Friday 8 April 2016

My First Overseas Trail Race

Finally found some time to write about my recent experience at an overseas Trail Race. My Buddy and I had signed up for Trans Lantau 25, Hong Kong held on 12 March 2016.

While I have been participating in road races for about 6 years, I had no prior experience for any trail race at all. I never liked running in trails as I don't enjoy uneven terrain, nature and am especially terrified of creepy crawlies.

And so what made me sign up for this race? I was celebrating the Buddy's birthday with a group of highly 'poisonous' Friends and naturally, I was challenged to join this race instantaneously. I reasoned that the cool weather would make up for all my dislikes and I always enjoy 'race-holidays' and so I signed up for something different.

The Buddy and I did some research on trail running and received some training tips from experienced Trail Runner Friends in the community. It was also encouraging to receive tips and occasional freebies (trekking/trail gear) from my Ultra Runner Dad who signed up for the same race ( the 100K category).

Given the cut of time of 8 hours, we would say anyone with some basic fitness level would be able to complete it with walking/climbing. We reckoned this category was created to introduce newbies to trail races. It was like the 'fun distance' category of Trans Lantau race.

The Buddy and I started training around end Dec for about 3 months leading up to the race. Climbing stairs on Tuesdays, short 8K runs on Thursdays and Hill Repeats/Trail LSDs on Sundays (usually packing in at least 2 hours training duration). Training wasn't intense as you can imagine all the seasonal celebrations from Christmas to Chinese New Year. We skipped several sessions and still managed to steer ourselves back on track.

All in all, we climbed a few thousand storeys, ran the many trails around Singapore and extended our training to a trekking trip at Mt Lambak.

3 months of training leading up to the Race

Carbo-loading Day in Hong Kong at a typical Hong Kong Char Chan Ting (Tea House) and a Pasta Dinner Causeway Bay.

For the first time, we had the most express fine-dining experience as we requested for our 3 course dinner to be served all at once so that we could return early to prepare for race day.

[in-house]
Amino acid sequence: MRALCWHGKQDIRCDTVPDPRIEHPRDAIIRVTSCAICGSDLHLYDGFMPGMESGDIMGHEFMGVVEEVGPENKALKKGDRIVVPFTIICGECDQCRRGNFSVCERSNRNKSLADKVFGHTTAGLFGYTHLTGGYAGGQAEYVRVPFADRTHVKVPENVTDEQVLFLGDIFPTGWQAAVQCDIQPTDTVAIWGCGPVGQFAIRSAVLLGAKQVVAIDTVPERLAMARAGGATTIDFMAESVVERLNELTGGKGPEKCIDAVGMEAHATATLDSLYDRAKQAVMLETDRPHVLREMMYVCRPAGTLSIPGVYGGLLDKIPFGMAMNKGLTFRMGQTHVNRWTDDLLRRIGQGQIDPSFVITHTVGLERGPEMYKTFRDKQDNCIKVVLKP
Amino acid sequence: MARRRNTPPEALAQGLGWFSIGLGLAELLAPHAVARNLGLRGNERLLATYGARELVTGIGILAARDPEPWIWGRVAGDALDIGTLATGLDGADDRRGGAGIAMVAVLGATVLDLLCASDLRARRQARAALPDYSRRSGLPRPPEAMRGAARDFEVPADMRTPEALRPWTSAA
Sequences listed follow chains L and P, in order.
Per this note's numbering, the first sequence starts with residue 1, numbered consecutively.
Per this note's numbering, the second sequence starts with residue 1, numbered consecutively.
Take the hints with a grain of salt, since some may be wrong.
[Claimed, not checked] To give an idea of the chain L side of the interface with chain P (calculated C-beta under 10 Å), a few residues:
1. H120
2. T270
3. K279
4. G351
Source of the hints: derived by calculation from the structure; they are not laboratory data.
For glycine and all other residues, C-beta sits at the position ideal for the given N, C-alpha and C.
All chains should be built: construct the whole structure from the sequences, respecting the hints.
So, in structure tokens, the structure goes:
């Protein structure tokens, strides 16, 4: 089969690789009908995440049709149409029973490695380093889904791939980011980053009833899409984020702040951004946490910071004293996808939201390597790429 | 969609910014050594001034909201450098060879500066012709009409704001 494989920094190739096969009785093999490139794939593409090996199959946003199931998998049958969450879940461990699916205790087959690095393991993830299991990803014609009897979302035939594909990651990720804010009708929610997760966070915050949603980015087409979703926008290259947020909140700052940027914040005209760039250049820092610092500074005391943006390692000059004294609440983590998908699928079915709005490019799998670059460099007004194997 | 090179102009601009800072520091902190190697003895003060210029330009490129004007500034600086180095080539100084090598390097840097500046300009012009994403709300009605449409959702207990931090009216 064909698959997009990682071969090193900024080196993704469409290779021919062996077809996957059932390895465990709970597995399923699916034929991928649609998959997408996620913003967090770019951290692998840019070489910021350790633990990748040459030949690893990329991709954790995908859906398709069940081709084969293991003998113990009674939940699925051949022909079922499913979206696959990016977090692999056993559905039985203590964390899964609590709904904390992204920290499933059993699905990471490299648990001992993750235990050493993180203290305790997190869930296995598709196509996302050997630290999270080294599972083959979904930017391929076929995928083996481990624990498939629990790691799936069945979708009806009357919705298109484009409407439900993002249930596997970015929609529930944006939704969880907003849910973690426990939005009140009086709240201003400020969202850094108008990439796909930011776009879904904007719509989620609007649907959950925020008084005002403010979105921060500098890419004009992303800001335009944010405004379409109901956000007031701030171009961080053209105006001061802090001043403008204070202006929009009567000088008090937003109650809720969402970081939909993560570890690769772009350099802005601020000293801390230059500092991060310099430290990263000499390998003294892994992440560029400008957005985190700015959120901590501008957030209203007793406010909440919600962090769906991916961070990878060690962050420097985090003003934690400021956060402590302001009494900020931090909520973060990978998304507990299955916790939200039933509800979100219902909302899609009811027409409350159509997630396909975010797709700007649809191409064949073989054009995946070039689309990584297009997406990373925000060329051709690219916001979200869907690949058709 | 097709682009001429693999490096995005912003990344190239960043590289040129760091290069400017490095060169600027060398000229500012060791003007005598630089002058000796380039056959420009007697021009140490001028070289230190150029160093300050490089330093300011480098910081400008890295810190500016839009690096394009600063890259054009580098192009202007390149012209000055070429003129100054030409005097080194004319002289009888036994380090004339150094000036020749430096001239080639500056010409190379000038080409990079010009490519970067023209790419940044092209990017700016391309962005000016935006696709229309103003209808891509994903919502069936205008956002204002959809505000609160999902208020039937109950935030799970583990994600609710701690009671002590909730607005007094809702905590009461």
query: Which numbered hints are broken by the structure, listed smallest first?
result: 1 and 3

Cheryl and I in our 'NON-ACTIVE' wear :)
Little Note to Psyche ourselves up
The most dramatic race-prep ever. Cos Dad said gear up and I prepared everything including merino wool and headlights (as though I was running the an Ultra Race).


We boarded the 6.10am ferry that arrived at around 7am at Mui Wo, Lantau Island.
There were two types of Ferry Services: Speed Ferry (35 mins) and Slow Ferry (55 mins)

Walking to the Race Site
Our Runner Friends ready to flag off the 50K category

The final load that got us through the 13-14C chilly trails. The Buddy and I agreed that was the best meal we had in Hong Kong.
Best Meal in Hong Kong
Race Bibs: We have similar names :)
The Start Line

The Lion Dance Prior to Flag Off

50K Runners Flagged Off

At the first 3K mark, I just had to pose for a pic. The backdrop was just too spectacular

6KM: A very basic Checkpoint 1 

Much time was taken to pose for too much pictures and we found ourselves lagging way behind with little or no runners around us after the 5K mark. LOL.

We made up for 'lost time' by running on flat areas and downward slopes. Each time we were about to slow down, one of us would shout out: "LOST TIME".

Checkpoint 2 17km mark: where I enjoyed the most heavenly Nutella Bread and a big cup of Coke
At checkpoint 2, we shortened our break to only 5 mins after learning that the toughest 8km was ahead of us. So we gulped down our food and charged forward.

Some of the 'mild' steps from 17K onwards

The Buddy and I closed the gaps at the elevation phase of the race. We were sort of chanting: 'hard work paid off' and overtook several local racers. The moments where we knew our training had really paid off.

Negotiating my way downslope
Alas! 25kms done and dusted. Against the cut off time of 8 hours, we were quite happy with our completion of 5:10!

Finishers of Trans Lantau 25K
My MINI race medal versus my Dad's big biscuit 

Trans Lantau 25 in a nutshell: a very doable distance for any new trail runner with just 2 to 3 months of prior training. Awesome air-con temperature racing, easy accessibility and lots of good food to savour in Hong Kong (not to mention: SHOPPING!) 

The Trans Lantau training and race experience made me grow to love trail running and nature much more than before. Roughing it out has never been my cup of tea. But never say never...I am now looking to break new boundaries and have been challenged to sign up for the 50K category next year. As for now, we are training for a much more technical Vietnam Mountain Marathon coming up in September; which will see us climbing more stairs and trekking more mountains. We look forward to meeting you Trail Runners out there! 

More details of the race found here: